Now Playing:

News

Economy | Business | Nation | Technology

After Short-Lived Tenure, Uber President Quits Amid Company Turmoil


Former Target CMO Jeff Jones was hired by Uber to help support the embattled company's reputation.

Former Target CMO Jeff Jones was hired by Uber to help support the embattled company's reputation.

Cindy Ord, Getty Images for Target

After less than a year as president of Uber, Jeff Jones is leaving the embattled ride-hailing company, Uber confirms.

“We want to thank Jeff for his six months at the company and wish him all the best,” an Uber spokesperson says in a statement.

Jones, previously Target’s chief marketing officer, was brought on by Kalanick last fall to boost Uber’s reputation.

Though Uber has long held its reputation as an aggressive startup, the company has been battling current controversies, ranging from sexual harassment allegations to CEO Travis Kalanick’s abrasive behavior.

After a video surfaced earlier this year, showing Kalanick arguing with an Uber driver, the CEO admitted he needed leadership help, and announced his search for a new chief operating officer.

While that hunt appeared to threaten Jones’ role as second in command to Kalanick, in a statement to Recode, Jones simply says his leadership approach is “inconsistent” with what he saw happening at Uber. Recode first reported Jones’ departure on Sunday.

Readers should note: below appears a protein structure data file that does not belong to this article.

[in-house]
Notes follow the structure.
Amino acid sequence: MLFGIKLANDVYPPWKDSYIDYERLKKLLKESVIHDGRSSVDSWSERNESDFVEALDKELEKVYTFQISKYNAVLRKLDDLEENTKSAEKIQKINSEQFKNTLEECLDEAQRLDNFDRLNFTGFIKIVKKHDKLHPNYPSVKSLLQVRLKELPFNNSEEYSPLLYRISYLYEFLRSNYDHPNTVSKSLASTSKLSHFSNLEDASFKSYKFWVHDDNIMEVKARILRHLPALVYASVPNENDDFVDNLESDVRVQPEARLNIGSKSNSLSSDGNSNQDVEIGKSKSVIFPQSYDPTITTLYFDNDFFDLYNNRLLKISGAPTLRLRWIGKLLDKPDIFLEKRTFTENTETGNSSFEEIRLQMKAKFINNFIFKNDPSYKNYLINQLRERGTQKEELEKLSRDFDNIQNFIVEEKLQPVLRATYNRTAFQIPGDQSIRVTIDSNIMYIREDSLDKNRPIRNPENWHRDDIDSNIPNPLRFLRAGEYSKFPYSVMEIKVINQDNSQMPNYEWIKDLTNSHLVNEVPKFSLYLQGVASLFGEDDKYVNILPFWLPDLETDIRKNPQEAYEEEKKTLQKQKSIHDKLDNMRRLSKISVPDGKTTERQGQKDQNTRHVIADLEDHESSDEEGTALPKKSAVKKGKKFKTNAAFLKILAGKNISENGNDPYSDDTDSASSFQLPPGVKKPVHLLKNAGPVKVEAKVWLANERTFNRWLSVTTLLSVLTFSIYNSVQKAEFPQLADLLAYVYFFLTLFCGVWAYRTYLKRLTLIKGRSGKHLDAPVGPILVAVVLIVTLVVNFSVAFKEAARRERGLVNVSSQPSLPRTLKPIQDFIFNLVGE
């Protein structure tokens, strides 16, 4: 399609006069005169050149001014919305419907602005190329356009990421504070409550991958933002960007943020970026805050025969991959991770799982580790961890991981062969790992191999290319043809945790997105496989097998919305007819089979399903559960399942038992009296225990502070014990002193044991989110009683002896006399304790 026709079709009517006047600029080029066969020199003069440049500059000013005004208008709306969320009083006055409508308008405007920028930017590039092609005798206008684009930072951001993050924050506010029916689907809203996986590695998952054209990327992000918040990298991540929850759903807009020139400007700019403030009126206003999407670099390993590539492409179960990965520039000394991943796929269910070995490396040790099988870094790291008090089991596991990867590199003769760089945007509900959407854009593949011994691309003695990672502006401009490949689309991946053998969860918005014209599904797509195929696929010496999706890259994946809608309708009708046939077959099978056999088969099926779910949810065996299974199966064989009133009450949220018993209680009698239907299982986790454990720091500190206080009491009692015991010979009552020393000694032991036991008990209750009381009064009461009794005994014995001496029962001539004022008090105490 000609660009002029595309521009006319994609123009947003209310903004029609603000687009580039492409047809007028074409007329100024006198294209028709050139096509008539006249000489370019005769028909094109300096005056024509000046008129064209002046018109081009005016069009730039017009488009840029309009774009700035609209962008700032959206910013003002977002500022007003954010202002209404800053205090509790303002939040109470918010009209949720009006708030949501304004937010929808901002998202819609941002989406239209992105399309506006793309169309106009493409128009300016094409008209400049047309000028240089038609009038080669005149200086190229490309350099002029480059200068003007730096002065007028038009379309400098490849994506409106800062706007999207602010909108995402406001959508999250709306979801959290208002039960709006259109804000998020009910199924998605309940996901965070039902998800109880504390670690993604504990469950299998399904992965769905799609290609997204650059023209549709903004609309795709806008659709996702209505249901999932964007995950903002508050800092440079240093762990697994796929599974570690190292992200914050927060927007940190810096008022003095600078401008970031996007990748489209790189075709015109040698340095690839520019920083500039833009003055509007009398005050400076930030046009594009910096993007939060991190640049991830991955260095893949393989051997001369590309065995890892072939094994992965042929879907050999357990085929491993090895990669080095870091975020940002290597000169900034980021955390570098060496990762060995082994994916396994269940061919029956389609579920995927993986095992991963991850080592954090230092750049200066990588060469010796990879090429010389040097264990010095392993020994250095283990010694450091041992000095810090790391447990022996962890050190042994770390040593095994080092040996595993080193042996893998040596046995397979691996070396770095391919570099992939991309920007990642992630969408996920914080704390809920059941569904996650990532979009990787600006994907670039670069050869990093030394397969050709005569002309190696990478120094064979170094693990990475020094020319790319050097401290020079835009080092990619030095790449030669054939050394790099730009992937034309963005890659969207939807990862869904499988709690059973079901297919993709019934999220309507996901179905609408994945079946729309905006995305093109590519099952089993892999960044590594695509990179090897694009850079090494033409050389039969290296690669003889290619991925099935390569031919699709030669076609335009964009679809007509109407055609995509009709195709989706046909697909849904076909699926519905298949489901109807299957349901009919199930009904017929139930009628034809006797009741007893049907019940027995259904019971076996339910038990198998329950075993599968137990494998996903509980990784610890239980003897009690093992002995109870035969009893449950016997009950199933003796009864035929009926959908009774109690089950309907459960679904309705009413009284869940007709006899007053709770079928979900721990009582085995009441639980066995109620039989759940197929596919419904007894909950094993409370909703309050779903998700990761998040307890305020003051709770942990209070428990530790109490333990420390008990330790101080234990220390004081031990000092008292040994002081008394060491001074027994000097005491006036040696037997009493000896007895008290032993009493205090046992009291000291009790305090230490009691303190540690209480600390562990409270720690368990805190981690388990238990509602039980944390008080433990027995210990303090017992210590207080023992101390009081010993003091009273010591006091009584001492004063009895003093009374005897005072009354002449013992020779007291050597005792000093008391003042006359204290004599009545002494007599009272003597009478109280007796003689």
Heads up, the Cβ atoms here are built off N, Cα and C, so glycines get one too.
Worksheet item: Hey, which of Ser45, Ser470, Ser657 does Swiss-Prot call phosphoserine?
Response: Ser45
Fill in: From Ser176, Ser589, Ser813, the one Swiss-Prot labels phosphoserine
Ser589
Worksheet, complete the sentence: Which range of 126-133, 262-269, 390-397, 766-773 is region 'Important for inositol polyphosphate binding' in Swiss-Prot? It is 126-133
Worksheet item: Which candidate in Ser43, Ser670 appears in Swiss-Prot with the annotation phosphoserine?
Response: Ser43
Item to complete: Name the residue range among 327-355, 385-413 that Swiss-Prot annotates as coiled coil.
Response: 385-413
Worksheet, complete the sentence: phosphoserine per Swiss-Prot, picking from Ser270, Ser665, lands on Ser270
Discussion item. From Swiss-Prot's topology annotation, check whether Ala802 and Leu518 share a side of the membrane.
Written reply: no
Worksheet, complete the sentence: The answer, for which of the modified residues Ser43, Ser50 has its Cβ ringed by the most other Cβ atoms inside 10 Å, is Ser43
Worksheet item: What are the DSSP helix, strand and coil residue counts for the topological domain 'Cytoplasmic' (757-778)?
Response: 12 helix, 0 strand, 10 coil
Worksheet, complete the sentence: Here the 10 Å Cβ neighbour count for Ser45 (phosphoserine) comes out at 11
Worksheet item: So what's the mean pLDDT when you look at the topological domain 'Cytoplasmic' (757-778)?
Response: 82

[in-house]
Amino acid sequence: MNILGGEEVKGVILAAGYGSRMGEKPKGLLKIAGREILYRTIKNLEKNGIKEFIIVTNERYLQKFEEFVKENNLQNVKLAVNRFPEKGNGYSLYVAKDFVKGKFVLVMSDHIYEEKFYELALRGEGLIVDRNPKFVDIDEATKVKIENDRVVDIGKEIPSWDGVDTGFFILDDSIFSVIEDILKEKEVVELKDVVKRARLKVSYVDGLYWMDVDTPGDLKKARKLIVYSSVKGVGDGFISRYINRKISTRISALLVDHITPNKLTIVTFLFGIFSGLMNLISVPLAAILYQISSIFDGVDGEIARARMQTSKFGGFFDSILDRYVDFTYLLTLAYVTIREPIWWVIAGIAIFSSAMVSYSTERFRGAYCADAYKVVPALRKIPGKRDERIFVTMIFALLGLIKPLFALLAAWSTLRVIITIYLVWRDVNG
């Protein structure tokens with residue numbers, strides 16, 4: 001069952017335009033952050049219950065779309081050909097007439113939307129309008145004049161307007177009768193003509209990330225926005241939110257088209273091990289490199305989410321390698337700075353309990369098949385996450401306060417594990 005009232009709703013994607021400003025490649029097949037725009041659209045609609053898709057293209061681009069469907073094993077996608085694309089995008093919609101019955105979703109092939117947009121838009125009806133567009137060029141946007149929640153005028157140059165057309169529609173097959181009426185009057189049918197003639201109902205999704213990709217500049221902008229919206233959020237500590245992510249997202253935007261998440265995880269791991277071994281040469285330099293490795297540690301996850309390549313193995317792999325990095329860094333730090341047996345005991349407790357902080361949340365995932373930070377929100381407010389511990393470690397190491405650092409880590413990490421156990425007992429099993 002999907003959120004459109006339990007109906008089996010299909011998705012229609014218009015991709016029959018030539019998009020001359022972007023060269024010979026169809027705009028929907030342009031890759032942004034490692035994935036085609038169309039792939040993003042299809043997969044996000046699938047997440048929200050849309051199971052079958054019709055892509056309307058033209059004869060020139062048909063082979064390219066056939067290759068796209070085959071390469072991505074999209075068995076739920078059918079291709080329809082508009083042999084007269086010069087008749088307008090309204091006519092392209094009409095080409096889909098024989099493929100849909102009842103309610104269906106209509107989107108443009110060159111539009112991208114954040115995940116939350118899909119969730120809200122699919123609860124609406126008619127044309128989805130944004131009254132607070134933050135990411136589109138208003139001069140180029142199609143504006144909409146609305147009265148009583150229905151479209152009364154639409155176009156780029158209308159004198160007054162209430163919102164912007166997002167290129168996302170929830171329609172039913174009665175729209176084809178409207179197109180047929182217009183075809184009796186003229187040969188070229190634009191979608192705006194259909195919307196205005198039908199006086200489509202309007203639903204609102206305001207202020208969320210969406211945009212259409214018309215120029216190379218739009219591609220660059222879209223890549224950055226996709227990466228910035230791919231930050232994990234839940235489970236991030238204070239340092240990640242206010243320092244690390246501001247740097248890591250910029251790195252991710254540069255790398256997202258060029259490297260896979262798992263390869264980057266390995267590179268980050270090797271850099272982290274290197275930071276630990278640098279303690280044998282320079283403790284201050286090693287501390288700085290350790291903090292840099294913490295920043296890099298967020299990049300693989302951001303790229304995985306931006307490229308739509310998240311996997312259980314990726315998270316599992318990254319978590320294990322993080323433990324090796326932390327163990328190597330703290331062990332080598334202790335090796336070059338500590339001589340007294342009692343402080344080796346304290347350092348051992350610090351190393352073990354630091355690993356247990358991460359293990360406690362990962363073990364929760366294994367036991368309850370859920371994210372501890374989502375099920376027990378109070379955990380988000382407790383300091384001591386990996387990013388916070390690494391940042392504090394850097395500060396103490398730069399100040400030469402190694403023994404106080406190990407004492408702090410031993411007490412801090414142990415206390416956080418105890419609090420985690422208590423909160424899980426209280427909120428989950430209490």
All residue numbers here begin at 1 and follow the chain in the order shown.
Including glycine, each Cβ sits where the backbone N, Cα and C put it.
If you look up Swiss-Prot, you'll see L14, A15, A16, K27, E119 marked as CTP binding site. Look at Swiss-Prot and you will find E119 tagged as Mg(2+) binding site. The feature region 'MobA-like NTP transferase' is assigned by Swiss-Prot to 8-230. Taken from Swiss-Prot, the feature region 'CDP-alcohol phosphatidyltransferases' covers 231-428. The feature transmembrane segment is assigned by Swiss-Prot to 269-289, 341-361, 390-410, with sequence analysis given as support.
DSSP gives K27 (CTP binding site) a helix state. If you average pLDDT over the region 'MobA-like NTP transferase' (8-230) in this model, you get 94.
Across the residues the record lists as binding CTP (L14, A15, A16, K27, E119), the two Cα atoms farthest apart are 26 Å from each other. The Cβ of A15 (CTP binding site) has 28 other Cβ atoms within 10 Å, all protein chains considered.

Meanwhile, Uber CEO Travis Kalanick issued a note to staff: “After we announced our intention to hire a COO, Jeff came to the tough decision that he doesn’t see his future at Uber.”

A number of recent scandals plague Uber, including:

  • Earlier this year, a social media campaign encouraged consumers to #DeleteUber after CEO Travis Kalanick joined President Trump’s economic council
  • Last month, former Uber employee Susan Fowler Rigetti published a blog post describing systemic sexism and sexual harassment in the workplace. The viral post prompted Uber to launch an independent investigation, led by former U.S. Attorney Gen. Eric Holder
  • Earlier this month, The New York Times exposed Uber’s secret “Greyball” program, established in 2014 to evade authorities worldwide in cities where the service has been banned. Uber has since announced it will prohibit the use of the program

Jones joins a list of recent top executives to leave the company. Engineering executive Amit Singhal was asked to resign after failing to disclose a sexual harassment claim from his previous job at Google. This month, Uber’s vice president of product and growth Ed Baker stepped down, in addition to security researcher Charlie Miller’s departure.

Last month, Uber employees spoke with CNNTech about the company’s culture and work-life balance — or lack thereof.

“If you’re going to leave, people do so within the first year because the pace isn’t what they expected or what they’re used to,” said Neal Narayani, Uber’s head of people analytics.

Copyright 2017 NPR. To see more, visit http://www.npr.org/.

More News

More OPB